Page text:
A critical component of your business plan is to reflect on the demographics of the immediate area where your practice is located and how this will affect your direct line of business. Another notable item to consider when assessing the market and its demographics is the number of direct competitors and auxiliary services within a 10-km radius. It is important to identify your competition as well as possible sources for referrals in the immediate area.
Management experience and human resources
A vital component of your business plan is the management and human resource structure. This is where you are able to outline your knowledge, skills, and education, the experience of your team members, as well as any veterinary-specific consultants and advisors you use for support and guidance. Surround yourself with key advisors (i.e. accountants, bankers, and lawyers) who understand the nuances of your industry. In addition, hire employees that are either experienced or are a fit culturally and who can be trained for the role(s) at hand. Your team members are a direct reflection of your veterinary practice; their attitude and demeanour are the first things clients encounter when entering a practice and the last experience when leaving.
Identifying methods to attract new clients is an integral component of business development, regardless of the life stage of your practice. While direct referrals from an existing client base are always appreciated, this alone is not enough to stay relevant and visible to the general community you serve. Additional mediums include Google ads, Facebook, and Instagram. There is also opportunity for engagement outside of mainstream media outlets, such as sponsoring a local sports team, advertisements on the side of the road or on a bus, and your local newspaper. While not every method of marketing generates the same return of investment for your practice, it’s worth exploring the options available to you by contacting a marketing expert who is familiar with the intricacies of the veterinary industry.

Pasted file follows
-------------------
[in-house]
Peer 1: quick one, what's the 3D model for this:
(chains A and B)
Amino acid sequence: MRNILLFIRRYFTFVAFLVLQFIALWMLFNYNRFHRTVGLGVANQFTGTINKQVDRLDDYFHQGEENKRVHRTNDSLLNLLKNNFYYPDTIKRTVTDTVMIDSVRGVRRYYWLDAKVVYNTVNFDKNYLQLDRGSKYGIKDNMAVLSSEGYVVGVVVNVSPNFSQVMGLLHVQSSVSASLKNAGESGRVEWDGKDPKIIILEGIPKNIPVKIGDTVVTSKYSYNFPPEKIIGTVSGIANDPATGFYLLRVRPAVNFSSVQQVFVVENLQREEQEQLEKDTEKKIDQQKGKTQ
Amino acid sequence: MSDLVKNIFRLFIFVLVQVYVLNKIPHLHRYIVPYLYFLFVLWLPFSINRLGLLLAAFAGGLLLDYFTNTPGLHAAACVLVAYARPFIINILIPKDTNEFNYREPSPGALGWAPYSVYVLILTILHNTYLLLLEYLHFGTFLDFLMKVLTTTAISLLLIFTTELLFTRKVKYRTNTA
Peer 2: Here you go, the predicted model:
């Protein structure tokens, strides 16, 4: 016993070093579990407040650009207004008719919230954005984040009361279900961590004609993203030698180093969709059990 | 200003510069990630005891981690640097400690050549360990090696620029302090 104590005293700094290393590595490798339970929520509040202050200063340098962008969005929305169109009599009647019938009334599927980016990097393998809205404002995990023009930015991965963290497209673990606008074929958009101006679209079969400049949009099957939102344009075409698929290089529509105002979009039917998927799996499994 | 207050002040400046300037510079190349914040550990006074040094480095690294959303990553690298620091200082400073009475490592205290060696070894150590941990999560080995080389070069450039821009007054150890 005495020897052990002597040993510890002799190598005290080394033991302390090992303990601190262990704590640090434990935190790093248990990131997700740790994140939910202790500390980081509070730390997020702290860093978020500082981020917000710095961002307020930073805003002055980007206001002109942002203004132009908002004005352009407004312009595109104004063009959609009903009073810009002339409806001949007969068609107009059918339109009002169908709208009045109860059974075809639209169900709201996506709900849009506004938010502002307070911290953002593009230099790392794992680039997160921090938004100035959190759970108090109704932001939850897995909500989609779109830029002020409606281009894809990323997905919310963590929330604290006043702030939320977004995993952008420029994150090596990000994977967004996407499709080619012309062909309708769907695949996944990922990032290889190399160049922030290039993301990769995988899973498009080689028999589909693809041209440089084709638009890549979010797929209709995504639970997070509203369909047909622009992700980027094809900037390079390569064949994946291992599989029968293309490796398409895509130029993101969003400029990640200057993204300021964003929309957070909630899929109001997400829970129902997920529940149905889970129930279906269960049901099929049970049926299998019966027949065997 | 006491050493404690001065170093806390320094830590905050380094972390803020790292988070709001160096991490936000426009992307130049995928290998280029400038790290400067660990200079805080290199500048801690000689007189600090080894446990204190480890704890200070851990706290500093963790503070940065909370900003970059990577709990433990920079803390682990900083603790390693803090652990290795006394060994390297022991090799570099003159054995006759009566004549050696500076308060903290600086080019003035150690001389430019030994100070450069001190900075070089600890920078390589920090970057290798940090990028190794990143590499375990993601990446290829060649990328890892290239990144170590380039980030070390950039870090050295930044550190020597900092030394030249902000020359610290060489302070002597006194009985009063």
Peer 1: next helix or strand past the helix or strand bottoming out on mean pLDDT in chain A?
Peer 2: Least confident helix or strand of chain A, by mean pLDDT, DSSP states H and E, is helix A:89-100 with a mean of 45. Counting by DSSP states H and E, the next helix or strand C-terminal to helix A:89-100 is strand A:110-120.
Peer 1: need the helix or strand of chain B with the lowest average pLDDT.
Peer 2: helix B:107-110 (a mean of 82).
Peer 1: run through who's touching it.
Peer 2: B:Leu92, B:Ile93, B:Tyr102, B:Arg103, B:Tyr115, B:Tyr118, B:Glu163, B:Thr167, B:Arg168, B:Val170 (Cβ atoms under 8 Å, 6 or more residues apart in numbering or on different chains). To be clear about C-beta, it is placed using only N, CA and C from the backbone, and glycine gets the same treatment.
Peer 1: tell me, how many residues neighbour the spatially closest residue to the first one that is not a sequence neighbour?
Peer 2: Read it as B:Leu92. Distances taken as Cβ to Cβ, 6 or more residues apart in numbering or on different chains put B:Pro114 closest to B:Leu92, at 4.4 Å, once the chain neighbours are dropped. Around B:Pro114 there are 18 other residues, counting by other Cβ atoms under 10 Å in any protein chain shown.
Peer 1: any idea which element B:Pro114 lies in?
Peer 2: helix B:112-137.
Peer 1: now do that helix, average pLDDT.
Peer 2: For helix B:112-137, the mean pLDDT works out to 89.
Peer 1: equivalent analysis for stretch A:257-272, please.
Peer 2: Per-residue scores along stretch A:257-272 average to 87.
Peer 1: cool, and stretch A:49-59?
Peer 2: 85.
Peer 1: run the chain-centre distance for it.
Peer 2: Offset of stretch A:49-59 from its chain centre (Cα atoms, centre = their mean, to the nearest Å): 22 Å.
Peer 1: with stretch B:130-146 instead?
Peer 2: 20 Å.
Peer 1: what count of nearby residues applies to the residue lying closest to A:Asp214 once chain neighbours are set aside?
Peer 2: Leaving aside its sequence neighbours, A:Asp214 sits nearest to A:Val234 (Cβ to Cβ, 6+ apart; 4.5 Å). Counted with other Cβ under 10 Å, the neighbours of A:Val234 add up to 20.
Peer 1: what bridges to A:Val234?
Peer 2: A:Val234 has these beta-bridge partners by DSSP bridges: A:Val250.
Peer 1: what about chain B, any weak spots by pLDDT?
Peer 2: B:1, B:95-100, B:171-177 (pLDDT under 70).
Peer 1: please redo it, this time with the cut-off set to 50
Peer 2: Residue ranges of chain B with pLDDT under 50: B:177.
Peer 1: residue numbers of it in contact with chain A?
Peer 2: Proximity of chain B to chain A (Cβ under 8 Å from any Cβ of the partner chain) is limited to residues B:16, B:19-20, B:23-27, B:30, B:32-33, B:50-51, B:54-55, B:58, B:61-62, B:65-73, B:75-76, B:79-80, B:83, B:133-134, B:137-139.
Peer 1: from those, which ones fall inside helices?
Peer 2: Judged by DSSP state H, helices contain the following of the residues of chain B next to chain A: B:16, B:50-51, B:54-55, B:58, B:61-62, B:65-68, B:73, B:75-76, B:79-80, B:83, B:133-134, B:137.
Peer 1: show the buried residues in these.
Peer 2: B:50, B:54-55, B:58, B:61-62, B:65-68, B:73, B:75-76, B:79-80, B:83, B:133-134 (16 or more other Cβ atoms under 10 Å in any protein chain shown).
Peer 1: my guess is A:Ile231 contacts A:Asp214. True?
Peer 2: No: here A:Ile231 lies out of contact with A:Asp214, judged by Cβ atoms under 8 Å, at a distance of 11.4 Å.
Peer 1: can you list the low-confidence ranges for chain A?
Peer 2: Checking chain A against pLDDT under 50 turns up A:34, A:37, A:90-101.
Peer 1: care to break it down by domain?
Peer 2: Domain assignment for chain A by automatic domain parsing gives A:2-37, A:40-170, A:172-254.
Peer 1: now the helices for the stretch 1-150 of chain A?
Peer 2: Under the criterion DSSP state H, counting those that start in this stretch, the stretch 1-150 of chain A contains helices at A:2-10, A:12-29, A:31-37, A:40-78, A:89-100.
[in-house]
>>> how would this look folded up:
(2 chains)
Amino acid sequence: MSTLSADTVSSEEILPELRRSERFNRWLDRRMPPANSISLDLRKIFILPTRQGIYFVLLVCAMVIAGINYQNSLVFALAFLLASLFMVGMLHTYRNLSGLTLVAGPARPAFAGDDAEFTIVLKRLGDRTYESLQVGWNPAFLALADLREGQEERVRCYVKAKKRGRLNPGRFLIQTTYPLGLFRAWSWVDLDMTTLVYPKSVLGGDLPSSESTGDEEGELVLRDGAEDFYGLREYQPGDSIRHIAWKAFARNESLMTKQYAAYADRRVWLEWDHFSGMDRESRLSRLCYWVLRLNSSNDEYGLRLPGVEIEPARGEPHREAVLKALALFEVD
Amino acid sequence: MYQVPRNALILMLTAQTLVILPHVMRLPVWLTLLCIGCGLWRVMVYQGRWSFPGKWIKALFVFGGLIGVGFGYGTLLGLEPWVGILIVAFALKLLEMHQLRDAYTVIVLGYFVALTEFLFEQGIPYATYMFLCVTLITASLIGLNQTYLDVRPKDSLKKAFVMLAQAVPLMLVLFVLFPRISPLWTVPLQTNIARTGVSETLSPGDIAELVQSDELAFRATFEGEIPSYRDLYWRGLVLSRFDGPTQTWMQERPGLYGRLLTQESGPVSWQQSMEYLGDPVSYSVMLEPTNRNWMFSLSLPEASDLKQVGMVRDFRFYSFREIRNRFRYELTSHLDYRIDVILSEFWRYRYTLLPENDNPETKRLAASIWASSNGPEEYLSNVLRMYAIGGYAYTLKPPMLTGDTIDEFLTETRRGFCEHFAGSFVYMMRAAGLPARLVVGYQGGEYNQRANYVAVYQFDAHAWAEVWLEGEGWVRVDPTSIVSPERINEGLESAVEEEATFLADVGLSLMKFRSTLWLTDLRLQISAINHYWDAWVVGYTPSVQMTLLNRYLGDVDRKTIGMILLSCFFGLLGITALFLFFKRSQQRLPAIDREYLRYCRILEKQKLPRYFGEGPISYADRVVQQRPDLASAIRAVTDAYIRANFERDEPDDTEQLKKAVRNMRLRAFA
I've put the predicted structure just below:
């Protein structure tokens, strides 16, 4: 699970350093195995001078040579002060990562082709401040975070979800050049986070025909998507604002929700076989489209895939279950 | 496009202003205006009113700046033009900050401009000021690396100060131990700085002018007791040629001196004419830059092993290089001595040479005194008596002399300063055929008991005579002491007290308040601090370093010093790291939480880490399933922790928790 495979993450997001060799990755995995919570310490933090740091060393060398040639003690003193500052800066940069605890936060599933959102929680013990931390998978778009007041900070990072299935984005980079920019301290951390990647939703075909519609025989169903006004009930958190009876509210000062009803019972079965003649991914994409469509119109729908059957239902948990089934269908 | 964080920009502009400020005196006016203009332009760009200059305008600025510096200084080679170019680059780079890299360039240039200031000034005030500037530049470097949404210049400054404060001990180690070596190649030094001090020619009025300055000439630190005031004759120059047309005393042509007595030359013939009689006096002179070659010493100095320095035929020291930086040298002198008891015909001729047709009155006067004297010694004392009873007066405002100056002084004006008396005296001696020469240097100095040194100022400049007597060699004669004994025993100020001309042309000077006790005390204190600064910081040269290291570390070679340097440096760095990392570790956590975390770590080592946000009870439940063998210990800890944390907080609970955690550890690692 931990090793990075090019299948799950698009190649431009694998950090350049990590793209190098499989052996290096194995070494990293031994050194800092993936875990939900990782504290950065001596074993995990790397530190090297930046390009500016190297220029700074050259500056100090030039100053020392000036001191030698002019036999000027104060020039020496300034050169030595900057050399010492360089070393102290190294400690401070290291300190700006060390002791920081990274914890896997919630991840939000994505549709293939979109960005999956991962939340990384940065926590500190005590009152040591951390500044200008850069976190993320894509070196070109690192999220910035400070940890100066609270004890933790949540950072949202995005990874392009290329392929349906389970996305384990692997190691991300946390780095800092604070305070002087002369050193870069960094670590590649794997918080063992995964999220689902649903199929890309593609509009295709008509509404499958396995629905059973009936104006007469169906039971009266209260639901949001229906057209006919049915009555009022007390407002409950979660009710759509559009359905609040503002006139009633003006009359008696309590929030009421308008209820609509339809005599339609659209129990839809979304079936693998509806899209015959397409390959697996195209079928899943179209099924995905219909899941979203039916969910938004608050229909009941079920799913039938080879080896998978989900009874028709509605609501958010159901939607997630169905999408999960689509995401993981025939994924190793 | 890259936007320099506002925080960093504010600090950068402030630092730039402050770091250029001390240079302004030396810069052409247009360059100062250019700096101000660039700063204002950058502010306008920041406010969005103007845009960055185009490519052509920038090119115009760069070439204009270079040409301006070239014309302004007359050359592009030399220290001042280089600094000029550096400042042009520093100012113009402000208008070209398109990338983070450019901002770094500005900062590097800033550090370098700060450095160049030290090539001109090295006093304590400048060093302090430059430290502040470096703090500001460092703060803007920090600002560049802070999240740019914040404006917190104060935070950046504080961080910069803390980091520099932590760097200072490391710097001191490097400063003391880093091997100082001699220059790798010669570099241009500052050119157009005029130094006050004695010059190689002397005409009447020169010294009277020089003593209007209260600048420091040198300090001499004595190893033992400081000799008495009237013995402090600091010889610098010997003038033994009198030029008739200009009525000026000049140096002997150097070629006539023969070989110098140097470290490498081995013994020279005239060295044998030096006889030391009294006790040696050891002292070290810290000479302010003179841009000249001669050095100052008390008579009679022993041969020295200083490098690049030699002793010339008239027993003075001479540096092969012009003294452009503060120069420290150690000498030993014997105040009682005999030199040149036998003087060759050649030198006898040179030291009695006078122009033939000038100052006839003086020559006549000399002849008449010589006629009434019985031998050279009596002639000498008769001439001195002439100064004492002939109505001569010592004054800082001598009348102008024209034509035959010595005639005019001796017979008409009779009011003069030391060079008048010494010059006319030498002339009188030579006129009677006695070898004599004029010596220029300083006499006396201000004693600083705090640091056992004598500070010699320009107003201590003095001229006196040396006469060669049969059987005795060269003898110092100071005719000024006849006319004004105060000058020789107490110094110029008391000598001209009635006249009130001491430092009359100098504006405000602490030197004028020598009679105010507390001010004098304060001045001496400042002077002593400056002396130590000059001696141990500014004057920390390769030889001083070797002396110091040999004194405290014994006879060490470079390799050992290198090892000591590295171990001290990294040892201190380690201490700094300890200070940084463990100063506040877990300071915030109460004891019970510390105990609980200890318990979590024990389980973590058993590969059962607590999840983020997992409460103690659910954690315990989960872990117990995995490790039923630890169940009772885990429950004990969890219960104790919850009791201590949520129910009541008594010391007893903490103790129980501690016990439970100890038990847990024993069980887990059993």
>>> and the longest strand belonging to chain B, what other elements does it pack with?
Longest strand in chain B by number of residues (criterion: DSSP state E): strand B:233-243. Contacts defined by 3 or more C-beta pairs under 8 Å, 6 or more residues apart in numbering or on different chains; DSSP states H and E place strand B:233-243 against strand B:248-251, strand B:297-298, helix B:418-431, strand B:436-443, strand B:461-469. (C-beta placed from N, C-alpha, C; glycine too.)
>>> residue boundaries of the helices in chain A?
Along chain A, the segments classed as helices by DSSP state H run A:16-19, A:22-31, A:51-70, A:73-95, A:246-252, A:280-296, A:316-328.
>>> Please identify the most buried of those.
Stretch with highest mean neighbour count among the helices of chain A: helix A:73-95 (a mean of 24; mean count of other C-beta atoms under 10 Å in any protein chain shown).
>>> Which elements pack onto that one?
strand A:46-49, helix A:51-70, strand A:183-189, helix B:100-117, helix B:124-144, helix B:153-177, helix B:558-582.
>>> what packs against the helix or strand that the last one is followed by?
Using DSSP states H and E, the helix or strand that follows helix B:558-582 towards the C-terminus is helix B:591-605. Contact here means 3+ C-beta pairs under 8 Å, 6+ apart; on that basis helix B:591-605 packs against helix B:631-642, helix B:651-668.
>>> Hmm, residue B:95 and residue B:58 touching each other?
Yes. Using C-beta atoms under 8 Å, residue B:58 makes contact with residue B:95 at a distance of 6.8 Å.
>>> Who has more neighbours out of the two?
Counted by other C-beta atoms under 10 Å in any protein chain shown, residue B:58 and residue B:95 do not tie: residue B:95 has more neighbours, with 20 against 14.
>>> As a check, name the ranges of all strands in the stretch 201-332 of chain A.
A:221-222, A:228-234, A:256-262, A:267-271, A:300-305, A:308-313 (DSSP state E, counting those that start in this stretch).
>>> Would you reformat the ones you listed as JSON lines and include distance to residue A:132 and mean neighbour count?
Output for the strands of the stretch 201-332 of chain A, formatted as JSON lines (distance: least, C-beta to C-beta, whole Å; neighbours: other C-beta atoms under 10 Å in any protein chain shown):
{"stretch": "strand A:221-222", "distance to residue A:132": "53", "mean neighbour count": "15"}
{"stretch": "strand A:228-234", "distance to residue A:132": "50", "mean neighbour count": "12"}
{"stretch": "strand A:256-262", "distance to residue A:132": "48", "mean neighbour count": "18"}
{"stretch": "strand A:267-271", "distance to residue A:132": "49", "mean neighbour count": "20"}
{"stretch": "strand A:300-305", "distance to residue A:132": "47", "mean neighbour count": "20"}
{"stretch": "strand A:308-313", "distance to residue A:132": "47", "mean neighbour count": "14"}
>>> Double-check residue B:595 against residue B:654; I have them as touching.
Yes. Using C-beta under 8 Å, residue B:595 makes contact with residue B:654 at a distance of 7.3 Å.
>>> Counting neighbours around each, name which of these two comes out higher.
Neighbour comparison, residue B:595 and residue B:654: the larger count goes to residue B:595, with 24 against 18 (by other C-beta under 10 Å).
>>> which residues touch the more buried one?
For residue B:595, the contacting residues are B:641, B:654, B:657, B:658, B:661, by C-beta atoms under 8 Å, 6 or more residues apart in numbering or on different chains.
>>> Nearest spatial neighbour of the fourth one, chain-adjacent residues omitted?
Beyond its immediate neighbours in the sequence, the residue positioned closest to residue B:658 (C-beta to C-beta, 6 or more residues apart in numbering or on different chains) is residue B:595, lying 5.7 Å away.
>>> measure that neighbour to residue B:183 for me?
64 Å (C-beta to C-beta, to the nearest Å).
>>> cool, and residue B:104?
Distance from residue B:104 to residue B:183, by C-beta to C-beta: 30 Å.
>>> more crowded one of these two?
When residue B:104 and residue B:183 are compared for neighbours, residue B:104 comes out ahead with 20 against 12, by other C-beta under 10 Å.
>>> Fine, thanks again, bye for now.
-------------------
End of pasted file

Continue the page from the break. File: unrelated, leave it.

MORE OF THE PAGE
Products and services
Examine the services and products you provide at your practice. Expand on the items you stock and services you offer to differentiate your practice from others nearby. Depending on whether you specialize in companion, exotic, large animal, or equine care, various products and services (e.g. laser therapy) can help you to stand out.
Financial projections and description
Whether you are planning to take on the role of ownership or are reassessing your business plan years down the road, make sure you evaluate the financial health and viability of your practice. When you assess your historical financial statements in tandem with a narrative component of the practice’s operations, you can identify its strengths as well as areas for improvement. The latter can then be quantified and transferred into line items on your financial projections. For example, choosing to sell additional products can directly affect the revenue and the cost of goods sold (COGS) line items. This translates into a higher net operating income (NOI) if they are relevant to delivery of care and to the community you serve. Deciding to have the practice open for extended hours will affect revenue, salaries and wages, COGS, and veterinary supplies; this can also translate to increased NOI.
Regardless of whether you are looking to start up, acquire, or assess your practice, a business plan is critical to determine your level of success and identify where opportunity awaits.
Kathryn Buis is the regional market leader, Healthcare Finance GTA, for BMO Bank of Montreal. She can be contacted via email at Kathryn.Buis@bmo.com.